Mexico’s President denies that he is interested in adopting Bitcoin as a legal tender

Mexico's President Andres Manuel Lopez Obrador speaks a news conference at the National Palace in Mexico City, Mexico, May 31, 2019. REUTERS/Henry Romero

Bitcoin Will Not Be Accepted as Legal Tender in Mexico

Previously in the week, Mexico’s President expressed his views on bitcoin and digital currencies. However, Lopez Obrador strongly denied adopting Bitcoin as legal money, as El Salvador previously did this year, at a news conference held at the National Palace. When questioned about it by a journalist, he said:

No. We are not going to change in this aspect. We see fit to maintain the orthodoxy in managing finances. We are not going to try to innovate a lot in the financial system.

The declarations serve to maintain Mexico’s current attitude on cryptocurrency. Instead, Lopez Obrador claimed that they would pay close attention to the nation’s financial status, ensuring that tax collection runs smoothly and no evasion occurs.

We will ensure that there is no tax evasion and privileges in tax payments. This is enough.

Cryptocurrency Issues

Tiền ảo Bitcoin là gì? BTC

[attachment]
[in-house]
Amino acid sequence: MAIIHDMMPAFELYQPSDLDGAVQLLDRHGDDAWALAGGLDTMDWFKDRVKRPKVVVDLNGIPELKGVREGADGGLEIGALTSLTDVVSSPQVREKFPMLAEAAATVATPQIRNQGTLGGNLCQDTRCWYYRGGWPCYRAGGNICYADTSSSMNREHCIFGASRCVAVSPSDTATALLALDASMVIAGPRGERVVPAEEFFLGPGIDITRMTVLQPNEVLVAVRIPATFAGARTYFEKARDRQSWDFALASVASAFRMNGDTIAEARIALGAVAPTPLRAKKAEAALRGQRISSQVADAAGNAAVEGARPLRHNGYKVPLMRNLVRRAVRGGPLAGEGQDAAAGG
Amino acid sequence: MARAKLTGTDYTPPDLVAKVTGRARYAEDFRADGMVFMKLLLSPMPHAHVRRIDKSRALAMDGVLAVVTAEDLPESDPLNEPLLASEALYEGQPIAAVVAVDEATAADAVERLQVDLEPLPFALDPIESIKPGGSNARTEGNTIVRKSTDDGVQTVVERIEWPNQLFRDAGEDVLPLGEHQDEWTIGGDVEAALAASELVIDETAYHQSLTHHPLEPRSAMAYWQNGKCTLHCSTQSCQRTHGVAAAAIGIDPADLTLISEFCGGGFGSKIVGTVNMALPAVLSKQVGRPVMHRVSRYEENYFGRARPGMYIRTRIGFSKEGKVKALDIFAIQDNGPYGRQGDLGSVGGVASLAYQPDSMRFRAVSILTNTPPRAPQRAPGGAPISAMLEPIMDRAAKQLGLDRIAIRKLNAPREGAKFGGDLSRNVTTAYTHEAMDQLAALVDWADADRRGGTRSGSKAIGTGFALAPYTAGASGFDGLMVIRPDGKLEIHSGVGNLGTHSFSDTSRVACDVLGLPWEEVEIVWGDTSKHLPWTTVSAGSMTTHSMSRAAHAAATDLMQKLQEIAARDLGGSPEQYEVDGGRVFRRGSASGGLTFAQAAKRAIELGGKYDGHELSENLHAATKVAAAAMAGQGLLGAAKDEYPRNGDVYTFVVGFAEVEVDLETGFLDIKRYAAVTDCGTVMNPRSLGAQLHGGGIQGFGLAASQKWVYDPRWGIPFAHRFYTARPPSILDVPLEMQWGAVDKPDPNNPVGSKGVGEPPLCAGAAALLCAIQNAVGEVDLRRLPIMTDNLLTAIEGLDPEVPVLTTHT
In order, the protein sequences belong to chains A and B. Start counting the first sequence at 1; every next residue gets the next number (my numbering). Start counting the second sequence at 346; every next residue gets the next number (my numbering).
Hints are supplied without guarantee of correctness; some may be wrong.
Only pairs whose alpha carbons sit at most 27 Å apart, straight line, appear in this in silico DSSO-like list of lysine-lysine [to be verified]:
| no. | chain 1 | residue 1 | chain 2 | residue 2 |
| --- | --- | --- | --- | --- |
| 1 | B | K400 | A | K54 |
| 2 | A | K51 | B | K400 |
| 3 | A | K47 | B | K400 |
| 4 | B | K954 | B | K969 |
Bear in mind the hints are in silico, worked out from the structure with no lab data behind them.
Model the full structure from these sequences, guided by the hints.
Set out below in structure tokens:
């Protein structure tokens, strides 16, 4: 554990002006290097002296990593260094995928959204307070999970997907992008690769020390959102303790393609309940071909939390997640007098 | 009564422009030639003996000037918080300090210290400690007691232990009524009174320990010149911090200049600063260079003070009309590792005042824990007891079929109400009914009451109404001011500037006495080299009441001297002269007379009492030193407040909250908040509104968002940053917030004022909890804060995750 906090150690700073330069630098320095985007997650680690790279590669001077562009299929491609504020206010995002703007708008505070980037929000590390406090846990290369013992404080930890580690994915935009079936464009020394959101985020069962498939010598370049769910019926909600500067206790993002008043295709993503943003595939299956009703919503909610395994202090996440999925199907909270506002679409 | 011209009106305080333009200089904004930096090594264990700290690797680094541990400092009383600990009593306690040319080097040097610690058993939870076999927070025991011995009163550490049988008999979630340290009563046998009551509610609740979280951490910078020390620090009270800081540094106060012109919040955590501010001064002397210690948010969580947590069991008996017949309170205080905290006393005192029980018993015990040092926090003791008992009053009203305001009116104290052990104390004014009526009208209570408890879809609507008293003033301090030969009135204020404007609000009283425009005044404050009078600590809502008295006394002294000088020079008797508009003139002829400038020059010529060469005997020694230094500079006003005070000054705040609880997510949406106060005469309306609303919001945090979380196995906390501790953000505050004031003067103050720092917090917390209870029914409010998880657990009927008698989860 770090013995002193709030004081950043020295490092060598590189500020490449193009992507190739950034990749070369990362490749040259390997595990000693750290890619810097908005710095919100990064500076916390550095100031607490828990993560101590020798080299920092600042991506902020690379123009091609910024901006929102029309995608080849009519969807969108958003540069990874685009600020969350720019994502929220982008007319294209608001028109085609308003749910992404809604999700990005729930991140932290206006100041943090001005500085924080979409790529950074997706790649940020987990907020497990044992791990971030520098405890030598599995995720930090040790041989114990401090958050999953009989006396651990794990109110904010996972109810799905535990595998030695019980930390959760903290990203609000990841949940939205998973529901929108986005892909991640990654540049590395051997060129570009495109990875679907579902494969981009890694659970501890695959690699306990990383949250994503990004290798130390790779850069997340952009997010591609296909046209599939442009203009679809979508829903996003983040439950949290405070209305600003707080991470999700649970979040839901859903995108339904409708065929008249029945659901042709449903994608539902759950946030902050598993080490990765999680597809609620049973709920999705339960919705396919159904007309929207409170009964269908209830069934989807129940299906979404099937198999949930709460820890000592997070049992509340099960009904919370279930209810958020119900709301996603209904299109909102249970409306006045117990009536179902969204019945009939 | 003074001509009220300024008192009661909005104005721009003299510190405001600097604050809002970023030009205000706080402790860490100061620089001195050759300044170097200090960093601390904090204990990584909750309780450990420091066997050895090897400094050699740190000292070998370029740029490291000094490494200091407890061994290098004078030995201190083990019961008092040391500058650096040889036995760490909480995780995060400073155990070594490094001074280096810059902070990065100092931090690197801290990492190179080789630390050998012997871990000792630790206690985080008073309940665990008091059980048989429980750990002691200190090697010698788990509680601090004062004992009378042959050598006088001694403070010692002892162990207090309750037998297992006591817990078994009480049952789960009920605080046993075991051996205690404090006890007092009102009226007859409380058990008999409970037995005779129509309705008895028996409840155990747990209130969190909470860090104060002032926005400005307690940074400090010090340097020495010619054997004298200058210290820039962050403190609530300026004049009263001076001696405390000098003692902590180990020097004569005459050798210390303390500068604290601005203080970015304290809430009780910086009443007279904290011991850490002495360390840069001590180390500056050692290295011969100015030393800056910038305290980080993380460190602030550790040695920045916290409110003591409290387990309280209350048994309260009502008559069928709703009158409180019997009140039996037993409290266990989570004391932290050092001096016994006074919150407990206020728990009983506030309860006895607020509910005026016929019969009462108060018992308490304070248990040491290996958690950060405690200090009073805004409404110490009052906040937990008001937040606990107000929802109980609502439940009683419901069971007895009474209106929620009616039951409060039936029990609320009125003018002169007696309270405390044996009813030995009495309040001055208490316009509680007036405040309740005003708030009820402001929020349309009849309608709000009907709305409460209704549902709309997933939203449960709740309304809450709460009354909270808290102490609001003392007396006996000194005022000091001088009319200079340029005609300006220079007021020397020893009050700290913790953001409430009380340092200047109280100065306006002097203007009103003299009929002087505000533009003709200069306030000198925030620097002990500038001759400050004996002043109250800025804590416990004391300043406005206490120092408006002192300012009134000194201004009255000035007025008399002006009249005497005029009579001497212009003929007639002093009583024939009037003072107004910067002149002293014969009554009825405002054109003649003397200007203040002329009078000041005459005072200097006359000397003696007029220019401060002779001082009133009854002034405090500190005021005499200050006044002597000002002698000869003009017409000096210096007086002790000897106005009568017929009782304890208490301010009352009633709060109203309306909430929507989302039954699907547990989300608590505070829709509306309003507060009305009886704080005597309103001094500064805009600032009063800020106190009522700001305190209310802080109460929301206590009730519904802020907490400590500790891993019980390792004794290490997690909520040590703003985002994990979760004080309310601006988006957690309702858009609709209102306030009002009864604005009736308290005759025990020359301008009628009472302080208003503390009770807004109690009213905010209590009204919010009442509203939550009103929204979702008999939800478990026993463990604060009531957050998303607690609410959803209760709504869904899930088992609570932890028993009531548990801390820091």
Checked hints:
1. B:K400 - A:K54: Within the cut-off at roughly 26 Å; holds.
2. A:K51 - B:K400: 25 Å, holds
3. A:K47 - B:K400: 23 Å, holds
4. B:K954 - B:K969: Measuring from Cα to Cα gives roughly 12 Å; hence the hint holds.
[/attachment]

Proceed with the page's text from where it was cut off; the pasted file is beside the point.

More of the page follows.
Mexico’s present government has a negative relationship with cryptocurrency. Back in September, Alejandro Diaz, the president of the Bank of Mexico, disputed that bitcoin was money or a reliable store of value due to its volatility. In June, Finance Minister Arturo Herrera said that digital currencies could not be utilized in the nation’s financial system to keep a healthy barrier between them and the financial system.

This hasn’t prevented individuals from learning about crypto and incorporating it into their financial portfolios and companies. For example, Ricardo Salinas, one of the nation’s wealthiest individuals, claimed that his bank, Banco Azteca, was striving to be the first in the nation to accept bitcoin. Indeed, as previously stated, these remarks forced the Finance Minister to emphasize that digital currencies must operate independently of the existing financial system.

In September, Salinas, who also owns Elektra, one of Mexico’s largest retail franchises, hinted at the possibility of accepting Bitcoin payments in their stores using the Lightning Network, a second-layer protocol that allows for lower-fee transactions.


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